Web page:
Recognizing Axial Spondyloarthritis in Primary Care

Oct 15, 2020

Back pain is the second leading symptom prompting a visit to a primary care physician. Here, we highlight a review of axial spondyloarthritis from Mayo Clinic Proceedings. The review aims to help primary care physicians detect this condition and know when to refer to a rheumatologist.

Back pain is the second leading symptom prompting a visit to a primary care physician, with around 20 percent of people aged 20 to 59 years reporting chronic low back pain. Axial spondyloarthritis, which affects around 1 percent of the U.S. population, is an important cause of back pain, with a characteristic pattern referred to as inflammatory back pain. Despite new and effective therapies available for the treatment of active axSpA, making early diagnosis of critical importance, a delay of several years between symptom onset and diagnosis is common in axSpA.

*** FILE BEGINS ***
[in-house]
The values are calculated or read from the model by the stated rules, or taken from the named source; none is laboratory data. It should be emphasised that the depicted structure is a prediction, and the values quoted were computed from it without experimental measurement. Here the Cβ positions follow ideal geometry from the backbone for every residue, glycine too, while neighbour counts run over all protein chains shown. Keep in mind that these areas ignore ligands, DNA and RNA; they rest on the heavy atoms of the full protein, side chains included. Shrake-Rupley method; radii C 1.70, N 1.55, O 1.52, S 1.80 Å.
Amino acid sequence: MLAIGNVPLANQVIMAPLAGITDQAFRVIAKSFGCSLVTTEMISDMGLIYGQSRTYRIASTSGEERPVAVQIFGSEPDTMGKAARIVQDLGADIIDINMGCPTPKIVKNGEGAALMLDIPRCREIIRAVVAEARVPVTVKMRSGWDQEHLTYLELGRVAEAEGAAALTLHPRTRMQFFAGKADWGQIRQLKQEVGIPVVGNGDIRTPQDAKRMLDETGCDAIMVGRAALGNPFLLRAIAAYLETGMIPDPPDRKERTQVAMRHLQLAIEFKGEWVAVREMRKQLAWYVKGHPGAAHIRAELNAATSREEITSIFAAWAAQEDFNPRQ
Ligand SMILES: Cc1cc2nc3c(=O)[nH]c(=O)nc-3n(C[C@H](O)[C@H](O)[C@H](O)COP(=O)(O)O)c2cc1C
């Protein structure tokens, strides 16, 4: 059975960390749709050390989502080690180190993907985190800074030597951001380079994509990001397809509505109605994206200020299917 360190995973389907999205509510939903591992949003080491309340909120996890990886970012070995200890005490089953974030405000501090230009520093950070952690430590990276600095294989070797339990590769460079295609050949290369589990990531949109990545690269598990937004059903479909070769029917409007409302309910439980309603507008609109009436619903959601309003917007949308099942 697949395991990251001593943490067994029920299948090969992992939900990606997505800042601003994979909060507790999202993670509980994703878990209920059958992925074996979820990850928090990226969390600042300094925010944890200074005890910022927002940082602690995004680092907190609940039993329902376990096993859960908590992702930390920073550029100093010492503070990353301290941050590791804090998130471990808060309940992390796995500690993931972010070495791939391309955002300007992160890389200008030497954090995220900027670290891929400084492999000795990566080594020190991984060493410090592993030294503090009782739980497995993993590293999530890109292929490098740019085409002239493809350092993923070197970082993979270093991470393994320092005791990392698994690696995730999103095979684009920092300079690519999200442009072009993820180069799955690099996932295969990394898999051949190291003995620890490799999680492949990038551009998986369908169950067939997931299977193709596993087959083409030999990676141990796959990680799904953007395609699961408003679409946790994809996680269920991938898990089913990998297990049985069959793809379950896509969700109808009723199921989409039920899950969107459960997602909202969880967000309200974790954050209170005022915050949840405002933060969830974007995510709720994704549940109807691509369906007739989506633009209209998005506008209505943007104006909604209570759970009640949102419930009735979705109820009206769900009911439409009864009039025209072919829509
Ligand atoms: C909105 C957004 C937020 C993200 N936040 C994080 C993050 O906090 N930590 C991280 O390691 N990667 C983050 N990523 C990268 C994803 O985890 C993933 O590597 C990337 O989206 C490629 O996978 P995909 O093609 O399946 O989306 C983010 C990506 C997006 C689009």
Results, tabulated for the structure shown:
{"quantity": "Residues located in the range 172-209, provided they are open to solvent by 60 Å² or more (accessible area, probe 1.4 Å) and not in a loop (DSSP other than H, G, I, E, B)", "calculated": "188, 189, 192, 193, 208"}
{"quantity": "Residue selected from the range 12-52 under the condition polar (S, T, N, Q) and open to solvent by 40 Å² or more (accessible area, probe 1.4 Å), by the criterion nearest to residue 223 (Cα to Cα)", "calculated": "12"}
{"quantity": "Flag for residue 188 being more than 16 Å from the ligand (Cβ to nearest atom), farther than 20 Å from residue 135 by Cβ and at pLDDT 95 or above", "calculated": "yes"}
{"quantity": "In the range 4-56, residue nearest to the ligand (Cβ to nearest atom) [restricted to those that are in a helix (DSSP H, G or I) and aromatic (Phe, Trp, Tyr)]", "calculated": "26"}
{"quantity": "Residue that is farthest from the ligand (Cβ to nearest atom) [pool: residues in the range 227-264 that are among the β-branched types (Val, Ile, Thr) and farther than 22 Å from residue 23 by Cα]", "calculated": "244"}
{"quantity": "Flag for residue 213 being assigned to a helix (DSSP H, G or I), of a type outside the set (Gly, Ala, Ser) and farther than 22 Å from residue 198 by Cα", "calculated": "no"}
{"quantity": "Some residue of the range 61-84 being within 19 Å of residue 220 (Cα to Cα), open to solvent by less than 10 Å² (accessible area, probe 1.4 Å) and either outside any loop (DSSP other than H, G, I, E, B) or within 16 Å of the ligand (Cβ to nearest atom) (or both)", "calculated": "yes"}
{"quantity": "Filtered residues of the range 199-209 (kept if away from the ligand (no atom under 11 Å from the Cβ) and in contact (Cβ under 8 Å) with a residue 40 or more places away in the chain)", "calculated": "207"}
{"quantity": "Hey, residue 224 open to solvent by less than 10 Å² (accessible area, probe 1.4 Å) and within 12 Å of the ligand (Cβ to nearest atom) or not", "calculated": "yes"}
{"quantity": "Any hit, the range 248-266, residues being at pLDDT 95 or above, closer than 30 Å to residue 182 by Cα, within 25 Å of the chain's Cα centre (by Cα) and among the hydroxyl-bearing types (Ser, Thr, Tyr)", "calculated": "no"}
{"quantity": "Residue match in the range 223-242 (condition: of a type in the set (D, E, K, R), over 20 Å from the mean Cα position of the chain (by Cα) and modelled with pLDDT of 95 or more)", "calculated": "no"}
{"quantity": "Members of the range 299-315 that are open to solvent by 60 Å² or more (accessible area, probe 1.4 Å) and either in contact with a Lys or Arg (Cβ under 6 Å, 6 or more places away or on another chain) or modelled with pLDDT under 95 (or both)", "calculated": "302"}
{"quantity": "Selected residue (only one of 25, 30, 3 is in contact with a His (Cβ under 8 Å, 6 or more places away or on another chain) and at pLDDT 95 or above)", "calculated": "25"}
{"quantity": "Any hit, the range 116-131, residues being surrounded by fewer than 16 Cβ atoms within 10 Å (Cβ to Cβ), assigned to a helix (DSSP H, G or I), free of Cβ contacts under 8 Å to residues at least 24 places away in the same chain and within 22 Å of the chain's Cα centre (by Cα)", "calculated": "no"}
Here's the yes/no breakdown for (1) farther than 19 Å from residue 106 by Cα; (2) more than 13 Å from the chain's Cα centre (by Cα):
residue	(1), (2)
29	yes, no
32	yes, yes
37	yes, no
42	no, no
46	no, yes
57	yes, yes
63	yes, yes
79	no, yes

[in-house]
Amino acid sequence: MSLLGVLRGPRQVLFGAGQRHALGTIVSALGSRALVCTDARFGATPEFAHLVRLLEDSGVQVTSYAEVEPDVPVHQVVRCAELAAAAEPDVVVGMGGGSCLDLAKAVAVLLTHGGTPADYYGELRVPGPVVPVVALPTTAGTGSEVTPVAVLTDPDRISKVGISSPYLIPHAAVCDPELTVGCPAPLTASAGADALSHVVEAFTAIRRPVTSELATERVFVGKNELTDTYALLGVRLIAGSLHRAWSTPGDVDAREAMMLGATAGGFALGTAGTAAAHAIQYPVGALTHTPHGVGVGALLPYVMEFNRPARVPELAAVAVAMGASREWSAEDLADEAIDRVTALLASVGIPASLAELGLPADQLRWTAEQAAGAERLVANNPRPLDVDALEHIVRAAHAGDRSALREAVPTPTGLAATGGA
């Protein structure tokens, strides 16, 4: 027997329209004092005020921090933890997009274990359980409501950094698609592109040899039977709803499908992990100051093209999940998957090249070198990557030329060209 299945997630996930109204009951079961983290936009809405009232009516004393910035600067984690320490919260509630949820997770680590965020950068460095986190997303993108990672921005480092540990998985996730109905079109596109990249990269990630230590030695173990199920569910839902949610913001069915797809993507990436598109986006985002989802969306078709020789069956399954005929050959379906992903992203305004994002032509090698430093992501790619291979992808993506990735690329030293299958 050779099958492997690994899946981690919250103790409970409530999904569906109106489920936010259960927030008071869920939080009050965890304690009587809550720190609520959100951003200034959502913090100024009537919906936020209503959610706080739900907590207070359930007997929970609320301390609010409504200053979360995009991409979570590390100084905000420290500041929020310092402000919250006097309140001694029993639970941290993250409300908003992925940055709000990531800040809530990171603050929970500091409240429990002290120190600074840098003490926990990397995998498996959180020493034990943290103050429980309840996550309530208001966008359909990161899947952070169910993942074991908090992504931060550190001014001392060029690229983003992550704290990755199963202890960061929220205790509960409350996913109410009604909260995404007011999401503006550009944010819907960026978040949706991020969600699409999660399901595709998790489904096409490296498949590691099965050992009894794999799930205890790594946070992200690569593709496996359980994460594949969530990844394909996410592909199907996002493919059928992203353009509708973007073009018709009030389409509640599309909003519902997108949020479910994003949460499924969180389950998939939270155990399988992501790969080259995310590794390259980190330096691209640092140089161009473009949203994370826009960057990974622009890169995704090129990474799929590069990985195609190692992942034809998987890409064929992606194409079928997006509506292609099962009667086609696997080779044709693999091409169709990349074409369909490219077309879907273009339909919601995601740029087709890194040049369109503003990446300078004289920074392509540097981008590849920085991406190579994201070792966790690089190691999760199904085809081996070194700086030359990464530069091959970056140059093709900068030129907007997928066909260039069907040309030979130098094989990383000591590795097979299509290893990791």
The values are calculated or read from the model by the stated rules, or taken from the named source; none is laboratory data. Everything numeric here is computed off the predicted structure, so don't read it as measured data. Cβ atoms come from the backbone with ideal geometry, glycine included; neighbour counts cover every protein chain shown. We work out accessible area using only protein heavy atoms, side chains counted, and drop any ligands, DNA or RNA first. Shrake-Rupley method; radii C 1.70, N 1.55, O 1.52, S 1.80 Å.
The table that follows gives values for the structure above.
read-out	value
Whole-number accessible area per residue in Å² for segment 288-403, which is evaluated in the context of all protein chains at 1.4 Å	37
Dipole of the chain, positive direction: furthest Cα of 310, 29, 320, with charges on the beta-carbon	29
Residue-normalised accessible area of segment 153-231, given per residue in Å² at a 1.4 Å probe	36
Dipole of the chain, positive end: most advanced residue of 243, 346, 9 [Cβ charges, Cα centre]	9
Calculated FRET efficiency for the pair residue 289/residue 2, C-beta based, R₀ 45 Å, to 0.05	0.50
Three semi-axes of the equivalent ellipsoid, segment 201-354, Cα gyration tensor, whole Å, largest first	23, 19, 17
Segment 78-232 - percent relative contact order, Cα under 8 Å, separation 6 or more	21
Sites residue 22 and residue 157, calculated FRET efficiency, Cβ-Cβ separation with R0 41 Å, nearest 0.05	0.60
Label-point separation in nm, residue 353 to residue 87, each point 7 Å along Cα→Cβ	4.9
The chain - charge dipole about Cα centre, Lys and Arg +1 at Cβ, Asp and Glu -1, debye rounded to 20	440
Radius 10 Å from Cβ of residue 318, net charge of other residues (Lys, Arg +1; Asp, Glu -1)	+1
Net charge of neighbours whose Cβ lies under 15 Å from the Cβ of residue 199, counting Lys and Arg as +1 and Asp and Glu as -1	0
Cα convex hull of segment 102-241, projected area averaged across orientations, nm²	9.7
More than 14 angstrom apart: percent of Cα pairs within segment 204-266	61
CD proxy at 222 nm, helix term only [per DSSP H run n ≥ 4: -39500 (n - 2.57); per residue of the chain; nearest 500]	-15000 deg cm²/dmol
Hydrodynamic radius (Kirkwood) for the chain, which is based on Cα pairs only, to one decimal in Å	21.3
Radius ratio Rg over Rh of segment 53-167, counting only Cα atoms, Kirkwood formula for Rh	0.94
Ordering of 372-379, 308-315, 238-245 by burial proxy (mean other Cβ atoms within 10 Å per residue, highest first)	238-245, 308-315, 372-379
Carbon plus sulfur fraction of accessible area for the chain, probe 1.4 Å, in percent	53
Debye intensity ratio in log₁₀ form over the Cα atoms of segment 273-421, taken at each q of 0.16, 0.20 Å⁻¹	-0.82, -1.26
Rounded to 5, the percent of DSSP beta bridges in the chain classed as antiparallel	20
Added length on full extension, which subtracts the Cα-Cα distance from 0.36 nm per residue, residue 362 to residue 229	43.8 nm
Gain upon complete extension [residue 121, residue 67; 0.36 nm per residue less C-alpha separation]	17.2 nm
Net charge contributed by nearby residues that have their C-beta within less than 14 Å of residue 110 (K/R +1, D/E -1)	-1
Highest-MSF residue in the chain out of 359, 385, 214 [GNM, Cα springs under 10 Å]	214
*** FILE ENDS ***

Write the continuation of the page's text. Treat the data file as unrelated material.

In this slideshow, we highlight a review of axSpA from Mayo Clinic Proceedings. The review aims to help primary care physicians detect this under recognized condition and know when to refer to a rheumatologist.

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REFERENCE

Marina N Magrey, Abhijeet S Danve,Joerg Ermann, et al. “Recognizing Axial Spondyloarthritis: A Guide for Primary Care.” Mayo Clinic Proceedings. July 29, 2000.doi:10.1016/j.mayocp.2020.02.007

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